Hackensack Water Company Complex

  (Redirected from Weehawken Water Tower)

The Hackensack Water Company Complex is a set of historic buildings in Weehawken, New Jersey, registered in the U.S. National Register of Historic Places. The Hackensack Water Company, a predecessor of Suez North America, developed water supply and storage in northeastern New Jersey from the 1870s to the 1970s, initially to provide service to the city of Hackensack and the towns of North Hudson.[3] Originally its headquarters and major facilities were located at Hackensack, in Bergen County. Under Robert W. de Forest, who ran the Hackensack Water Company for 46 years beginning in 1881, the company constructed new facilities and moved its headquarters to Weehawken in Hudson County, setting up offices in a brick water tower,[4] part of the present complex.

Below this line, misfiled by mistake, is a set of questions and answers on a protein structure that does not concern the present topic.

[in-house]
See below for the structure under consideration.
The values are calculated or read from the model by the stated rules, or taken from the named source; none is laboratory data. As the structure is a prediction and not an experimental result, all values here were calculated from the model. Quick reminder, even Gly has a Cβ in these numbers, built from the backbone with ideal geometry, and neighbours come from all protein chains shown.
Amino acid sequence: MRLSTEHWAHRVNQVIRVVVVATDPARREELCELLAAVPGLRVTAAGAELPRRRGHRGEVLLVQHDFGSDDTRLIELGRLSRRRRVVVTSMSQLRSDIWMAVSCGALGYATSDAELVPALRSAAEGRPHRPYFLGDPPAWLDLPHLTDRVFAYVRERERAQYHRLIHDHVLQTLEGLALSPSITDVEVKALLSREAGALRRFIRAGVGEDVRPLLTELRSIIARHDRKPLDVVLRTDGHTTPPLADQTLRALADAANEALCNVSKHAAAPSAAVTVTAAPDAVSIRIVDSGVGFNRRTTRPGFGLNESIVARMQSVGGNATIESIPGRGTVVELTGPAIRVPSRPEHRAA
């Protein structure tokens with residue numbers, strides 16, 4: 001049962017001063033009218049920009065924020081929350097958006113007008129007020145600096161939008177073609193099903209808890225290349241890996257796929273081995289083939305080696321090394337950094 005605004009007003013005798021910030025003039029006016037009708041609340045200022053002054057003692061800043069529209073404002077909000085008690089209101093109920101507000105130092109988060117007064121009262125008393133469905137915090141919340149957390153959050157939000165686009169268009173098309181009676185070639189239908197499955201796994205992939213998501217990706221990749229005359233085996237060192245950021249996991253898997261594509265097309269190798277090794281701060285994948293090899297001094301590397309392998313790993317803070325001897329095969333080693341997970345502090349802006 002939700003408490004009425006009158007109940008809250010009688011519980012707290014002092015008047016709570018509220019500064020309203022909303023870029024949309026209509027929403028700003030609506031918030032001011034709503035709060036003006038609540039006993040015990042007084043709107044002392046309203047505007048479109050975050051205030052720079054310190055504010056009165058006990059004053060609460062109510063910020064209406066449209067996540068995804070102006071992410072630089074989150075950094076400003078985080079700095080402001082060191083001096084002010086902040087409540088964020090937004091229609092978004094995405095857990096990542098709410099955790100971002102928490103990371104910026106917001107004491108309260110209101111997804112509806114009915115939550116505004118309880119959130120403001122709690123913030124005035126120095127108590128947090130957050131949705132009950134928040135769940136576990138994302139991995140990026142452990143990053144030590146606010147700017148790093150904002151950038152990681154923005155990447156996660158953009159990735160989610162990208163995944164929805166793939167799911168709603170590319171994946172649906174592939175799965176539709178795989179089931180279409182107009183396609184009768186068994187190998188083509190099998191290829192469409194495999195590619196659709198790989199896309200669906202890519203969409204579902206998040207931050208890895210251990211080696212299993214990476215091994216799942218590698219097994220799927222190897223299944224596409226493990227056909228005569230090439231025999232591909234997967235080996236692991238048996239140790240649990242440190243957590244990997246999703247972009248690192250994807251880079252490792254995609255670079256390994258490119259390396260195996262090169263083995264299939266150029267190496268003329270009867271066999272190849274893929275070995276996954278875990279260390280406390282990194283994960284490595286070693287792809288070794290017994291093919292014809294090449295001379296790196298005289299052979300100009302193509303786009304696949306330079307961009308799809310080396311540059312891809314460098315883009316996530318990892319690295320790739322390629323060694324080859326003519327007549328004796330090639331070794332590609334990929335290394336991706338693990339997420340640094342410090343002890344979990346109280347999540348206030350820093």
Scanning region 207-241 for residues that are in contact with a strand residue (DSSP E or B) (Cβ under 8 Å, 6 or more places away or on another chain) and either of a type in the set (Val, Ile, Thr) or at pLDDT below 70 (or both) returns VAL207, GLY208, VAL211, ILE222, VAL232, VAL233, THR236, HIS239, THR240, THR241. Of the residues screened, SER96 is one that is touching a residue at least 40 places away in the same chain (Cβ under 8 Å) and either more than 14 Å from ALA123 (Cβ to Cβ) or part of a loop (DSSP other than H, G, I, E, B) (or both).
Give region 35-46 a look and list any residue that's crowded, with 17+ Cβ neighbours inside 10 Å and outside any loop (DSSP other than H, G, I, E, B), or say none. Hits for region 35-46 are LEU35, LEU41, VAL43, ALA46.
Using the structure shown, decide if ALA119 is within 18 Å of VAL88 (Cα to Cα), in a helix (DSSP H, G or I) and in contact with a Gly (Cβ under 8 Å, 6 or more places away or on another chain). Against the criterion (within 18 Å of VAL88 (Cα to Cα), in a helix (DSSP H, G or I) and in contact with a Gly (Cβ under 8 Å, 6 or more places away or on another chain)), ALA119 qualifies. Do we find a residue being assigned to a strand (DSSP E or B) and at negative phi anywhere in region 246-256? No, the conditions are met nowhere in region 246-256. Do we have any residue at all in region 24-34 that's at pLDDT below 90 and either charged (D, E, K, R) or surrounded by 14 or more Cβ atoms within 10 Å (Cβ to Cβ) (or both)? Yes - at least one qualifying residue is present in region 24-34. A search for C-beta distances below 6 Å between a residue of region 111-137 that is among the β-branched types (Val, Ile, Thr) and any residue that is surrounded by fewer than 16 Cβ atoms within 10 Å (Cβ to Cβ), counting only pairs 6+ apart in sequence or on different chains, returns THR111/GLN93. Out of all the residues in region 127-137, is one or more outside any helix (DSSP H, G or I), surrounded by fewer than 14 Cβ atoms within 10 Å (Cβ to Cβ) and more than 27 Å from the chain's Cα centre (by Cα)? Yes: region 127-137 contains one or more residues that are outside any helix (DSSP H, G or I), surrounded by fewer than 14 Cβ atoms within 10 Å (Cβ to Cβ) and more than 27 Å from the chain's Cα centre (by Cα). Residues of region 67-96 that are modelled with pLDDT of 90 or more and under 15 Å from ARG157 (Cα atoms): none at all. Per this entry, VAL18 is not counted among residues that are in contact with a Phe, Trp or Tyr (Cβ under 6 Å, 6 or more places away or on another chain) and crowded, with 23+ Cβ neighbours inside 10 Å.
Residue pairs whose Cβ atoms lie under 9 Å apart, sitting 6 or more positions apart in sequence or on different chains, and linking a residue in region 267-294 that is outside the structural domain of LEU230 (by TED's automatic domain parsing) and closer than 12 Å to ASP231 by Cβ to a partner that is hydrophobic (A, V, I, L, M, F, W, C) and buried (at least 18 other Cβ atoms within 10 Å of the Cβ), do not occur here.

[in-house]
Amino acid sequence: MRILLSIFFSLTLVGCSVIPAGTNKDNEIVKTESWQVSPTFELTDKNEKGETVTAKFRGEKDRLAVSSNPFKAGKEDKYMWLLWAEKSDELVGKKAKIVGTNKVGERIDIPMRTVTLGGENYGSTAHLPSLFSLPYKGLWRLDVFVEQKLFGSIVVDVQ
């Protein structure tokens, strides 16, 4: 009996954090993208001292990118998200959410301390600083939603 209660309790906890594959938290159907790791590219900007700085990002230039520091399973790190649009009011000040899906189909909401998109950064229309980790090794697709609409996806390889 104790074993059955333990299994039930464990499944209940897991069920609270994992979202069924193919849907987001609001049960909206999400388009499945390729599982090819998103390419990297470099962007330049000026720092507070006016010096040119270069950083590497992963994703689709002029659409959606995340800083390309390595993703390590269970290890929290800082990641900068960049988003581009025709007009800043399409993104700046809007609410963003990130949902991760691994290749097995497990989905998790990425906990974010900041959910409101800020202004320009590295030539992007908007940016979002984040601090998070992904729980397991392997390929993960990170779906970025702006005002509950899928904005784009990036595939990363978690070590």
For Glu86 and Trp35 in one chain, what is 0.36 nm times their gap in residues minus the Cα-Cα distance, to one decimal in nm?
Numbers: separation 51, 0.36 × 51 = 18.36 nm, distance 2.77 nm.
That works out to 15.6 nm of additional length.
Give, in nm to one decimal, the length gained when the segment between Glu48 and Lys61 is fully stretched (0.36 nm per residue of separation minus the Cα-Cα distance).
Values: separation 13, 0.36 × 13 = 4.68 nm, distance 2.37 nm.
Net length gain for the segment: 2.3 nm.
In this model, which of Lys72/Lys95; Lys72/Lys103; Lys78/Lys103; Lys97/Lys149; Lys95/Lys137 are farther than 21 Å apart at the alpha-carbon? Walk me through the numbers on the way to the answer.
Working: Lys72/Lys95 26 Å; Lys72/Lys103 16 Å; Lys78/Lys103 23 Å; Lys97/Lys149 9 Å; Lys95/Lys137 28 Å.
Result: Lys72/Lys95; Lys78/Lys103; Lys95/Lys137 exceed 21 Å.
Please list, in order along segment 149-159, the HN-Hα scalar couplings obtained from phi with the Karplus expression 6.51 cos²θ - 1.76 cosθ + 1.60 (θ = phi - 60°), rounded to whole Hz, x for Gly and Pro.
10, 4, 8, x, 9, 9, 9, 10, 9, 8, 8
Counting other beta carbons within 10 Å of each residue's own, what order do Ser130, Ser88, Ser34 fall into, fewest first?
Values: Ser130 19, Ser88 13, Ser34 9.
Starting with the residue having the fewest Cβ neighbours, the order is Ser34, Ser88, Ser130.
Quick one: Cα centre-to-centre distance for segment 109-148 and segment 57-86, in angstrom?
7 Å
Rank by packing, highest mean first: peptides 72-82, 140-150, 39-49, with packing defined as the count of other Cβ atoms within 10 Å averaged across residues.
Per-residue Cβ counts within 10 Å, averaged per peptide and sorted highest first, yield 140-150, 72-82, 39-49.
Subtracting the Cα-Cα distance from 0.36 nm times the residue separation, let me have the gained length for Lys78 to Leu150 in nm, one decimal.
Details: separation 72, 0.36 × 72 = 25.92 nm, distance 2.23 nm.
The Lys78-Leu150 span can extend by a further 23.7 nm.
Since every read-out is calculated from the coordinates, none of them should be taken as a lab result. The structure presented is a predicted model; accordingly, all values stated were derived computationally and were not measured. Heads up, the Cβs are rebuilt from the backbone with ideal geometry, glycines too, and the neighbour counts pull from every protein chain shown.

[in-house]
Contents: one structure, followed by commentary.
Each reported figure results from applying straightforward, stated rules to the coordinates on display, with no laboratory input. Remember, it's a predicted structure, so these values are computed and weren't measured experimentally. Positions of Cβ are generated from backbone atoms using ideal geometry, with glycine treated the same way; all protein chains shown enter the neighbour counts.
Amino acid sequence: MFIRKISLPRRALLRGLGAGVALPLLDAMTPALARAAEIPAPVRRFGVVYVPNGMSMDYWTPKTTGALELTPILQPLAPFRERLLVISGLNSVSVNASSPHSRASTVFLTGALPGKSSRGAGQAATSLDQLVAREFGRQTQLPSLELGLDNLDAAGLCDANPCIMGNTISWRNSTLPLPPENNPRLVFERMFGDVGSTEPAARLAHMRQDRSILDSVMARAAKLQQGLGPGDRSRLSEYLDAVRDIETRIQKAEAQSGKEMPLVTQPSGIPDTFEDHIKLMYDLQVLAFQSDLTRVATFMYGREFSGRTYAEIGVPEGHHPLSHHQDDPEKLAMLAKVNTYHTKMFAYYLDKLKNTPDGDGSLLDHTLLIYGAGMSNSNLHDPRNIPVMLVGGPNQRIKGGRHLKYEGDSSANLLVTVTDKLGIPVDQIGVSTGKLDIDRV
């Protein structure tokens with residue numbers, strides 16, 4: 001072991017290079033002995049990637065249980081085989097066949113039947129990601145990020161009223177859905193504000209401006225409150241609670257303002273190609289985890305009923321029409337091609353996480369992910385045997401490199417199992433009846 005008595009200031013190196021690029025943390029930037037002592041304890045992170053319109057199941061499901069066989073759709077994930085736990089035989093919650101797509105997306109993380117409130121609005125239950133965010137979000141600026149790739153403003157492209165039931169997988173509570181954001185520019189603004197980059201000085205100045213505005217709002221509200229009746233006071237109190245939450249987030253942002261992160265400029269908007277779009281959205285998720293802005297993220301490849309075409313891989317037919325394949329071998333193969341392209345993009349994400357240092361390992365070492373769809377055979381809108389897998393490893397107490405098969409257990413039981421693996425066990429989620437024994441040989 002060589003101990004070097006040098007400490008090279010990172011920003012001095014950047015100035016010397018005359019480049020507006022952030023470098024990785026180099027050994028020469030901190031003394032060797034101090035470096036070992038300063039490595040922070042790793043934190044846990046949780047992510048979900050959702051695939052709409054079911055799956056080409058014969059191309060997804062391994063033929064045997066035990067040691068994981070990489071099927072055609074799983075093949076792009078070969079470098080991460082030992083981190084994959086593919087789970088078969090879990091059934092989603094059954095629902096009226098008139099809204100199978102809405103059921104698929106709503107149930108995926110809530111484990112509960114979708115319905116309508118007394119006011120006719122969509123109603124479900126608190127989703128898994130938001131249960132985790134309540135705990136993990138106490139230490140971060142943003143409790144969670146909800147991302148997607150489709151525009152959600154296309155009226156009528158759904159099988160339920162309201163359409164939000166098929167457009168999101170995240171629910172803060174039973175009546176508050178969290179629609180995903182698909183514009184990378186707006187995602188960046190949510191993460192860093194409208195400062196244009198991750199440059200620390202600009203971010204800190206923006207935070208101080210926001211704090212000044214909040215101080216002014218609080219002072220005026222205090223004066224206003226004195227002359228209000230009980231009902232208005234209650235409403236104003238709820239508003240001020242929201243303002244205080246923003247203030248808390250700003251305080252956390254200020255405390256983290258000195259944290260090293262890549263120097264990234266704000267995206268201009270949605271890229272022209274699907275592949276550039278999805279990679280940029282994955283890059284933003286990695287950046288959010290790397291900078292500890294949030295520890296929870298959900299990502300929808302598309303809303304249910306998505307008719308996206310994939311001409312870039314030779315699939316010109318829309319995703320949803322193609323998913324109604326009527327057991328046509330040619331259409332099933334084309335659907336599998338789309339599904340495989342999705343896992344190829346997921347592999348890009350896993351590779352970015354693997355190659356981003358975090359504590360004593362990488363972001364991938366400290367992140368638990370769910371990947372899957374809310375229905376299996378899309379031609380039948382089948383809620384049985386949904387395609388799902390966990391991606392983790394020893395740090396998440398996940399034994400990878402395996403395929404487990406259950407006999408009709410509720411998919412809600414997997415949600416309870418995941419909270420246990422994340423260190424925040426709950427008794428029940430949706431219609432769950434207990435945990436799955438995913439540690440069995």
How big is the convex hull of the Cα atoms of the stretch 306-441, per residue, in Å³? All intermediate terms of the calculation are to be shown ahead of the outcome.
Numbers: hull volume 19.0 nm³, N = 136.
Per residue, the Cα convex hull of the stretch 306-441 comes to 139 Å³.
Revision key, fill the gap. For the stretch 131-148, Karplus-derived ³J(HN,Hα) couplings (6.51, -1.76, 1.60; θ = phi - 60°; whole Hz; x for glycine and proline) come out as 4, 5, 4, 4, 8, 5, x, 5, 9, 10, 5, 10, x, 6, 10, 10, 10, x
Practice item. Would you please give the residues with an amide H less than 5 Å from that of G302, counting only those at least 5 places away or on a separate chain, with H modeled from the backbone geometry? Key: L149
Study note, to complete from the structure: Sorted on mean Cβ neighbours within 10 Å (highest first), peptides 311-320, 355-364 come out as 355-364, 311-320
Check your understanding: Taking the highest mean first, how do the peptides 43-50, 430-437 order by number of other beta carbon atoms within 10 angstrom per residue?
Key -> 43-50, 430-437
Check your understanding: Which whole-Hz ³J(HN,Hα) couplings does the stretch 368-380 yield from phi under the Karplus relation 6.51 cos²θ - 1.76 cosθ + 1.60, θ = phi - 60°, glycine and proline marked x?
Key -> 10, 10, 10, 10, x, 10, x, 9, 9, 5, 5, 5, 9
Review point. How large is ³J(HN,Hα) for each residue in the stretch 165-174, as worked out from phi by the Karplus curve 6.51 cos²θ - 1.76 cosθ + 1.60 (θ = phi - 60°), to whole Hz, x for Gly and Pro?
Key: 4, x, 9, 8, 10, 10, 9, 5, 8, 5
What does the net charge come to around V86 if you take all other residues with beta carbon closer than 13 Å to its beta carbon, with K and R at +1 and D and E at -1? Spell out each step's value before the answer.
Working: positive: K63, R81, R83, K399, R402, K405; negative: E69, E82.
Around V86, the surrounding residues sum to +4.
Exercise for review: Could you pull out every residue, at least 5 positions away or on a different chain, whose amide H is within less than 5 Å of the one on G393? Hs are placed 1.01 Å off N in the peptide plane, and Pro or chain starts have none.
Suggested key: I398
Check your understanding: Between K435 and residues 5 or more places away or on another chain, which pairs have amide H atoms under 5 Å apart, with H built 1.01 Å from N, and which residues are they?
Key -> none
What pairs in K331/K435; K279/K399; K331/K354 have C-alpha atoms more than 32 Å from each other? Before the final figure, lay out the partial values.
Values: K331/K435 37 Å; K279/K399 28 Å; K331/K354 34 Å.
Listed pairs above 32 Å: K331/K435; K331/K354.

Hackensack Water Company Complex
Weehawken Water Tower jeh.jpg
Red tower
Hackensack Water Company Complex is located in Hudson County, New Jersey
Hackensack Water Company Complex
Location4100 Park Avenue, Weehawken, New Jersey
Coordinates40°46′24″N 74°1′13″W / 40.77333°N 74.02028°W / 40.77333; -74.02028Coordinates: 40°46′24″N 74°1′13″W / 40.77333°N 74.02028°W / 40.77333; -74.02028
Area7.7 acres (3.1 ha)
ArchitectWithers, Frederick C.
NRHP reference No.80002491[1]
NJRHP No.1510[2]
Significant dates
Added to NRHPJanuary 3, 1980
Designated NJRHPAugust 24, 1979

Weehawken Water TowerEdit

The headquarters' most distinguishing feature, the red brick Weehawken Water Tower, was built in 1883 on what is now Park Avenue, on the border of Union City. Designed by Frederick Clarke Withers, it was modeled after the Palazzo Vecchio in Florence, Italy. The tower stands 175 feet high, 300 feet above sea level at the Hudson River.[5][6]